More on the Crackdown on the Franciscan Friars of the Immaculate

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 A follow up to a post, go here to read it, on the actions taken against the Friars of the Immaculate.


From Vatican Insider:



The decision to appoint a commissioner to oversee the Congregation of Franciscan Friars of the Immaculate and the need for the order to obtain authorisation before it can celebrate Mass according to the Old Rite has sparked a heated debate. Traditionalist blogs and websites have voiced disagreements over this. Vatican spokesman Fr. Federico Lombardi says the decision does not go against Benedict XVI’s Motu Proprio but is exclusively to do with existing tensions within the Institute. Vatican Insider asked Fr. Alessandro Apollonio, the Procurator General of the Franciscan Friars of the Immaculate to answer some questions regarding the decision.



Why did the Vatican decide to send an apostolic visitor to your Institute?

“Because a few of the friars who don’t agree with the founding Father and Minister general’s style asked for it. They also disagree with his eagerness to promote the Vetus Ordo within the Institute, alongside the Novus Ordo, in accordance with the Motu Proprio Summorum Pontificum and the Instruction Universae Ecclesiae.”



To what extent did the issue of the use of the old missal influence the decision to send an apostolic visitor?

“It had a big influence on the decision because the group of friars I mentioned before accused the founding Father of imposing the Vetus Ordo on the whole Institute. Although the accusation is completely unfounded, people believed it and our attempts to prove it was false proved futile. This false accusation has spread like an oil slick, with various newspapers and news agencies passing it on. This has seriously harmed the good name of the Institute’s founding Father.”



Traditionalist blogs and websites have reacted to this news – and to the decision that prior authorisation will have to be obtained before the Institute can celebrate Mass according to the Old Rite – by saying that these decisions disavow Benedict XVI’s Motu Proprio. Do you agree with this interpretation? What can you say about these decisions?

“Fr. Lombardi has clearly stated that the decisions taken regarding our Institute are not a disavowal of the Motu Proprio. However, we are still waiting for an authentic interpretation of the Holy See’s liturgical provisions for our Institute. For example, it is still unclear who exactly the “competent authorities” who will give the aforementioned authorization, are. Will it be the commissioner, the Congregation for Religious, the Pontifical Commission Ecclesia Dei, the local ordinary, one of these or all of these? We hope this is just a temporary disciplinary provision and that we will soon be given authorisation to celebrate according to the Vetus Ordo also, as we have always done. Without all the current restrictions which – unless a better reason can be given – deprive us of the universal right granted to us in the Motu Proprio Summorum Pontificum and the Instruction Universae Ecclesiae.”


I think this has been handled in an incredibly ham-fisted manner, and I hope that Pope Francis will act to correct what appears to be a manifest injustice to one of the orders that is a light to the Church.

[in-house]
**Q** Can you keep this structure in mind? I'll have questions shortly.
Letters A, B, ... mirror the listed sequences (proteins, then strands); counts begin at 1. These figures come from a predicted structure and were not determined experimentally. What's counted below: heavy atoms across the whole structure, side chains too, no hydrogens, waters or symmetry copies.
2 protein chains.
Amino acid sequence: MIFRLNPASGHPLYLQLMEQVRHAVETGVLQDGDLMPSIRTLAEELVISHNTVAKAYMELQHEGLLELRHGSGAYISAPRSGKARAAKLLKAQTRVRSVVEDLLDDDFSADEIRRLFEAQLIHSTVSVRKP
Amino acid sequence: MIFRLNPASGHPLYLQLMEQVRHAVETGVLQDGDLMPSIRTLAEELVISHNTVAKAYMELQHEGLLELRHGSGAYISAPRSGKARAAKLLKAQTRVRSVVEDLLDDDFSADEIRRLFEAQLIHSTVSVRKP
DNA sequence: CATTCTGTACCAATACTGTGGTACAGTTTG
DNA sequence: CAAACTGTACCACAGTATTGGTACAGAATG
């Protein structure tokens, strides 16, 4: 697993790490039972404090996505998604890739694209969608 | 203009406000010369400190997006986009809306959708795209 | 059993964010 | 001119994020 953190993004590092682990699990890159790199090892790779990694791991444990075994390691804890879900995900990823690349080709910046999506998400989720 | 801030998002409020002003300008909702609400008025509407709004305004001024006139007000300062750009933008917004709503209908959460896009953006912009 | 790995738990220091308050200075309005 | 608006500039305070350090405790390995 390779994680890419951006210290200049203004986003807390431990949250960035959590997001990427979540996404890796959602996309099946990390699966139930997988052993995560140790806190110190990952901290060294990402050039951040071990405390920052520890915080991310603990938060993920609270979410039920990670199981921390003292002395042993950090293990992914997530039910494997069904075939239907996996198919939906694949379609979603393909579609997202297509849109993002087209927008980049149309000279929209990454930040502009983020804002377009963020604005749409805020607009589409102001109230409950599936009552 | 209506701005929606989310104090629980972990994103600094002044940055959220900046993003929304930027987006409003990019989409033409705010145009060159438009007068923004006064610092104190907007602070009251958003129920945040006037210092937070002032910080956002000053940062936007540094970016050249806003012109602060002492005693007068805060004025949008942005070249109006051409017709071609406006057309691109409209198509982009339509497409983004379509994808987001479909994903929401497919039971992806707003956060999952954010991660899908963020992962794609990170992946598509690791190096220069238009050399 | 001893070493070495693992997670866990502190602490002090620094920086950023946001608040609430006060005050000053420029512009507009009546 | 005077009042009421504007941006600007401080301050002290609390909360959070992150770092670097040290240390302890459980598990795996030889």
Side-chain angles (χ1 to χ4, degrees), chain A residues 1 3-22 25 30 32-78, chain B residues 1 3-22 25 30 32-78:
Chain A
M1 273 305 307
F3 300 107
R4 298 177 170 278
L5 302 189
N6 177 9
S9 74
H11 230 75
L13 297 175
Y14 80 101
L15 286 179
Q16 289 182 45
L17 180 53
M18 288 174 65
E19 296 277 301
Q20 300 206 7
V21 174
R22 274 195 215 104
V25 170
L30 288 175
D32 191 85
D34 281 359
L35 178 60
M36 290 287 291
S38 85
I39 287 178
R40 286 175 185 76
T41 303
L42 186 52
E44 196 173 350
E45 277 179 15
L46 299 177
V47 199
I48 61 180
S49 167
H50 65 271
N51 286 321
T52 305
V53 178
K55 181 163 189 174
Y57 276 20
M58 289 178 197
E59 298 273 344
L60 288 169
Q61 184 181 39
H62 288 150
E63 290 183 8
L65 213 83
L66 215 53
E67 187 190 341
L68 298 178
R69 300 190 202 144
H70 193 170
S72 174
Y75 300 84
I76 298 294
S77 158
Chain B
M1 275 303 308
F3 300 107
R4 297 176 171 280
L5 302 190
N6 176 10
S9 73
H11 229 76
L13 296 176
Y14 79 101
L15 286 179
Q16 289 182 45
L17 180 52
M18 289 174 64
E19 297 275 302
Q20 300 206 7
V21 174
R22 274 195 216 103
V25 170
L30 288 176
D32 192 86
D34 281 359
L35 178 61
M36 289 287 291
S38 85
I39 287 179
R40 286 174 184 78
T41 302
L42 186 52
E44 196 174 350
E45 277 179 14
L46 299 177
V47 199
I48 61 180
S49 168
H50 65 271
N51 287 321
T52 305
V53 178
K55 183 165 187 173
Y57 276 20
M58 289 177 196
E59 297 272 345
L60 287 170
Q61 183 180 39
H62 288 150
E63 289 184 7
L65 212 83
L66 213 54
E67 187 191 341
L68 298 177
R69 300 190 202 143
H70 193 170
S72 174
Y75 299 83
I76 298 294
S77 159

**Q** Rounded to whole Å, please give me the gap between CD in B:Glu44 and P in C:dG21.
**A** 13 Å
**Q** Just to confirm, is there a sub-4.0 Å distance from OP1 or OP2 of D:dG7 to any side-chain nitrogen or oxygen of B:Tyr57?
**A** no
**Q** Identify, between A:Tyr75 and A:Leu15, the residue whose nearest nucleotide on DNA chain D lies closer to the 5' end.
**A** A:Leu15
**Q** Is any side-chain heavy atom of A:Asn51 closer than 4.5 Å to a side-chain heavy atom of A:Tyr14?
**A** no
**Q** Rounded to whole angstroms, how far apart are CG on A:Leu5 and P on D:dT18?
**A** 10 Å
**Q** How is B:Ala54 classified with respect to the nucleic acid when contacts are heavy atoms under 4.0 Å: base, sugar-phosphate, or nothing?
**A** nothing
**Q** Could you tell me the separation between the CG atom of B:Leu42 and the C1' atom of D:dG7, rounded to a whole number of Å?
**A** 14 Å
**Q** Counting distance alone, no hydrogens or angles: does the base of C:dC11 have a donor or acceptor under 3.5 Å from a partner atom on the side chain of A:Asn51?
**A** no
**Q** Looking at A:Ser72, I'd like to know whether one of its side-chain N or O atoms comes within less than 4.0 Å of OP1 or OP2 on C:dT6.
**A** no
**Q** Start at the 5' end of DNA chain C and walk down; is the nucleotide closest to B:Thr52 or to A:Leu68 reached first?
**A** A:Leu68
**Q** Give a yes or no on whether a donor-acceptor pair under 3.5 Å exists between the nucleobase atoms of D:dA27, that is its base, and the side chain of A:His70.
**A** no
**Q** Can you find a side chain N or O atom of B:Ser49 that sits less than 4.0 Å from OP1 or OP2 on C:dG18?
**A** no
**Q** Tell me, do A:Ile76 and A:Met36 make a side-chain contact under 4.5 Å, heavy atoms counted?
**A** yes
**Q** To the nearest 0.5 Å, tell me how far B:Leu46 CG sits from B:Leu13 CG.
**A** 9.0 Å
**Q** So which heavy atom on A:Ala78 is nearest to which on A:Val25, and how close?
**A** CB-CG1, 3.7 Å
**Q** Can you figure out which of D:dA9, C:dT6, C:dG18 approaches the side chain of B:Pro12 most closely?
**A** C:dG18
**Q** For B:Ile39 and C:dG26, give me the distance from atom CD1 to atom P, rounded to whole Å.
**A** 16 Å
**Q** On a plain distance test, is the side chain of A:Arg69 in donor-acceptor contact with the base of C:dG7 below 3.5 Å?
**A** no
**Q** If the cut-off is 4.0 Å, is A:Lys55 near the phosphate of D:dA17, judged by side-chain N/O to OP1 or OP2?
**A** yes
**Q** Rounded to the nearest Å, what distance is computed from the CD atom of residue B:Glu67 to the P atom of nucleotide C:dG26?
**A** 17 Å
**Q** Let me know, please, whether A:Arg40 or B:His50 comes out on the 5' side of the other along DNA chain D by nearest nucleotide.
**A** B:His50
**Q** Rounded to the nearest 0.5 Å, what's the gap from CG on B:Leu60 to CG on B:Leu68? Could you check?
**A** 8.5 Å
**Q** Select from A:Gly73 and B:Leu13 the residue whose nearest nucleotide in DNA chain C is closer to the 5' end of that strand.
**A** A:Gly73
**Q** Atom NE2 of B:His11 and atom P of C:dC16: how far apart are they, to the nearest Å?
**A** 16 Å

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  1. Once in a while, in times of trouble, one has the urge to Do Something. Right or wrong, left or right…just don’t sit there! DoSomething!

    and maybe the heat is turned up by partisan advisors, or maybe all the background info isn’t take into account. (I am also thinking of how a sudden forceful statement from the bishop concerning political correctness and immigration last week left many of us slack-jawed)

    I am not schooled in these matters, so i have this question: Not a matter of dogma- but just a rule the pope can make; could the pope also walk it back???

  2. I wish I could edit out that question. Sorry Donald. I wrote that before I finished reading your post. I was too busy thinking about a different pronouncement that I considered ill advised.

  3. Obviously, special questions arise over capitular and conventual masses. One recalls that Quo Primum, which introduced the Tridentine use made rather elaborate provisions for those cathedral chapters and religious orders that qualified for exemption under the 200 year rule, in some cases requiring unanimity for any change.

    It is, perhaps, worth recollecting that, in France particularly, attachment to these “usus antiquiores,” legitimate as they were, became the badge of a faction unduly attached to the traditional liberties and immunities of the Gallican Church and suspicious of the actions of papal authority, which they readily ascribed to the pope’s “evil counsellors” This party is portrayed as notable for stiff reserve,
    precise moral carriage, and a species of decorum amounting almost to moroseness – plus ça change…

  4. I sure hate when at times we act like “protestants” on our own legal, liturgical matters. Yes, we should police abuses (but let them be true abuses). Not those dreamed up by rogue SSPXers that do not have concerns for the one, true, holy, apostolic church.

  5. It is appalling that, of all the Catholic orders that exist, the ones who get the crackdown are the FFI.

    I pray for (not often enough) Pope Francis. Yet, I see him overmatched for the job. His Italian is poor. He doesn’t speak English. His archdiocese was on the other side of the world from Rome and he has little use for traditional Latin Catholicism.

  6. Penguins Fan

    Bear in mind that this was not a spontaneous interference, but a response to an appeal. The Holy See first of all appointed an Apostolic Visitor to investigate and report. This would suggest that tensions existed that needed to be addressed.

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